One of the reasons I fell in love with baseball was Darren Daulton. That 1993 Phillies team was the first sports team I ever followed.
Dutch was a huge reason for that. Unfortunately, a few years ago, he was diagnosed with brain cancer. It went into remission, but recently returned. Tonight, Dutch passed away.
The Phillies have announced that Darren “Dutch” Daulton passed away today at the age of 55 after a four-year battle with brain cancer.
Born on January 3, 1962, Daulton attended Arkansas City (KS) High School. He was selected in the 25th round – the 628th overall selection – of the 1980 June draft by the Phillies. He developed into a three-time All-Star who played 14 seasons with the Phillies (1983; 1985-97), the longest tenure for a catcher in franchise history. Known throughout baseball as one of the game’s toughest players, Daulton made 143 starts at catcher in 1993, which was the most in Phillies history and tied for the most by any catcher that season. The Phillies won the National League pennant that year with Daulton’s leadership playing a significant role.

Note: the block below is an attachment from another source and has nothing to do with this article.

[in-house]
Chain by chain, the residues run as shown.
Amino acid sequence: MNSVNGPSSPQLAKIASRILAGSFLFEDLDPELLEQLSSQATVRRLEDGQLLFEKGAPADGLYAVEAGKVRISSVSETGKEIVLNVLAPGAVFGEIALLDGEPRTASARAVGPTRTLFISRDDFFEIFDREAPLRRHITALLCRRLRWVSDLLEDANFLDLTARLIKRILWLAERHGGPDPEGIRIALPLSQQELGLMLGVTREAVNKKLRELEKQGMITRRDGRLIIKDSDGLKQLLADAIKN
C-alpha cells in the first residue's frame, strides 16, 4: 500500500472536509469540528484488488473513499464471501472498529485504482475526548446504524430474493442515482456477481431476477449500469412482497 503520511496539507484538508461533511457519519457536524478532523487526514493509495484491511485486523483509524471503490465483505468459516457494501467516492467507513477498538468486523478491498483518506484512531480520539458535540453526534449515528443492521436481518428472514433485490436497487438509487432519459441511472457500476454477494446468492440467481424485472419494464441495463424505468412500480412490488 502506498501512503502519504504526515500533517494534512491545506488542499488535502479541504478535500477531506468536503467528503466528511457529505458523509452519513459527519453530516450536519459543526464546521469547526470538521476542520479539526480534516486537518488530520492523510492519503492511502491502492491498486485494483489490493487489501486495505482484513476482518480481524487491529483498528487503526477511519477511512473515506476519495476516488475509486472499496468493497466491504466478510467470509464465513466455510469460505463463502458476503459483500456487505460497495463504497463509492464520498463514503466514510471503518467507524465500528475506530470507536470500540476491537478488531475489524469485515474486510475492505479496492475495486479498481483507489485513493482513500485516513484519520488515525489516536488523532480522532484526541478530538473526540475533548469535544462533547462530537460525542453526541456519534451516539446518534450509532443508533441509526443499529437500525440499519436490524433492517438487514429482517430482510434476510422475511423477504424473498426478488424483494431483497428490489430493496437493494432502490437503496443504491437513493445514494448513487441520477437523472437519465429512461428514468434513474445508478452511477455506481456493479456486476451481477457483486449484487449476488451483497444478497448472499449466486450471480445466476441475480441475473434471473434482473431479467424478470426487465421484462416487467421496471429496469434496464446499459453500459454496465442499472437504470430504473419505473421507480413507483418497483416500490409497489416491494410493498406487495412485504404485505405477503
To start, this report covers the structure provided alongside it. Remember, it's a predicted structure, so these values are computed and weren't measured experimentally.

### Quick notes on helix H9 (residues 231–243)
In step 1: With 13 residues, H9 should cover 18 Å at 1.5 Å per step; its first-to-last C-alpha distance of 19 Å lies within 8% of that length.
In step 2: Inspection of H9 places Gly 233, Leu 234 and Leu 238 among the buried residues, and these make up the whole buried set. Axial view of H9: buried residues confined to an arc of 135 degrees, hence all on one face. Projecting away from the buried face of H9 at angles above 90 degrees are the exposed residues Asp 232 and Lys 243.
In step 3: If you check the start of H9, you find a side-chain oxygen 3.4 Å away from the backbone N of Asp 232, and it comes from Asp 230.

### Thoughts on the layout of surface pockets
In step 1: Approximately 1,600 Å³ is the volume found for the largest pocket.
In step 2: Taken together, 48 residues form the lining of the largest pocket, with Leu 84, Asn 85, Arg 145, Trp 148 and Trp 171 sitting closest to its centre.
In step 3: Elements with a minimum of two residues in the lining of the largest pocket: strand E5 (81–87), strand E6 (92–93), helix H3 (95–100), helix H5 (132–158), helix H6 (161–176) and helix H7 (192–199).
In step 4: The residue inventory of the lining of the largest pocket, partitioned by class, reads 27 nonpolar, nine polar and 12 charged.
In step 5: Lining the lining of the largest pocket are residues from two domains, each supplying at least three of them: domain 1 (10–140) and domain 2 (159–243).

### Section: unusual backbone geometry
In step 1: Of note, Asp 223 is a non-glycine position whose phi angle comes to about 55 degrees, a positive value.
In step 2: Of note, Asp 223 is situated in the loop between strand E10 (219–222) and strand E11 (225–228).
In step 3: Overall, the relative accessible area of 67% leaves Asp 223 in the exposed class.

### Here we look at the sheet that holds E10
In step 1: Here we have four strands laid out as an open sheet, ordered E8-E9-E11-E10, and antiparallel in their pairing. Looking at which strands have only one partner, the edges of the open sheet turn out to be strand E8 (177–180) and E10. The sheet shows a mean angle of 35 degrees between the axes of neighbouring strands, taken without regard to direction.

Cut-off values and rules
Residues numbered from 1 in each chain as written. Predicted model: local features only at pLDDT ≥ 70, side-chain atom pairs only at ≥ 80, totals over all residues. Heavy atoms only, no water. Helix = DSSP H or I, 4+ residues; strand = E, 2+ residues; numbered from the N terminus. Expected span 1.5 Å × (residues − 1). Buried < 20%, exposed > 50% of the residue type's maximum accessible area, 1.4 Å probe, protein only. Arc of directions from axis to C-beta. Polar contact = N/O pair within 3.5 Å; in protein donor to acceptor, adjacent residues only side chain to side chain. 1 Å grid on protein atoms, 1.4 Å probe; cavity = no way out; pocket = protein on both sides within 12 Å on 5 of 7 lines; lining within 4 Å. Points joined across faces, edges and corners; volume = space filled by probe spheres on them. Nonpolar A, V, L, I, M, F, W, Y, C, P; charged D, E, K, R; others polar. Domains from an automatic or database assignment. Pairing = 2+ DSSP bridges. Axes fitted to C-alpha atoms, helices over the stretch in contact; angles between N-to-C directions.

Daulton was traded to the Florida Marlins on July 21, 1997, where he would spend the final two and a half months of his playing career. The Marlins would go on to win the World Series that year and manager Jim Leyland credited Daulton’s clubhouse leadership as an important factor.
In 1992, Daulton won a Silver Slugger and led the National League with 109 RBI, becoming just the fourth catcher to win the RBI title. He is the only catcher in Phillies history with two 100-RBI seasons (109 in 1992 and 105 in 1993) and holds the Phillies single-season records for a catcher in walks (117), doubles (35), putouts (981) and double plays (19). Each record was set in 1993.
Daulton batted .245 in 1,109 Phillies games with 189 doubles, 134 home runs and 567 RBI.
Daulton received the Players Choice Comeback Player of the Year Award (1997)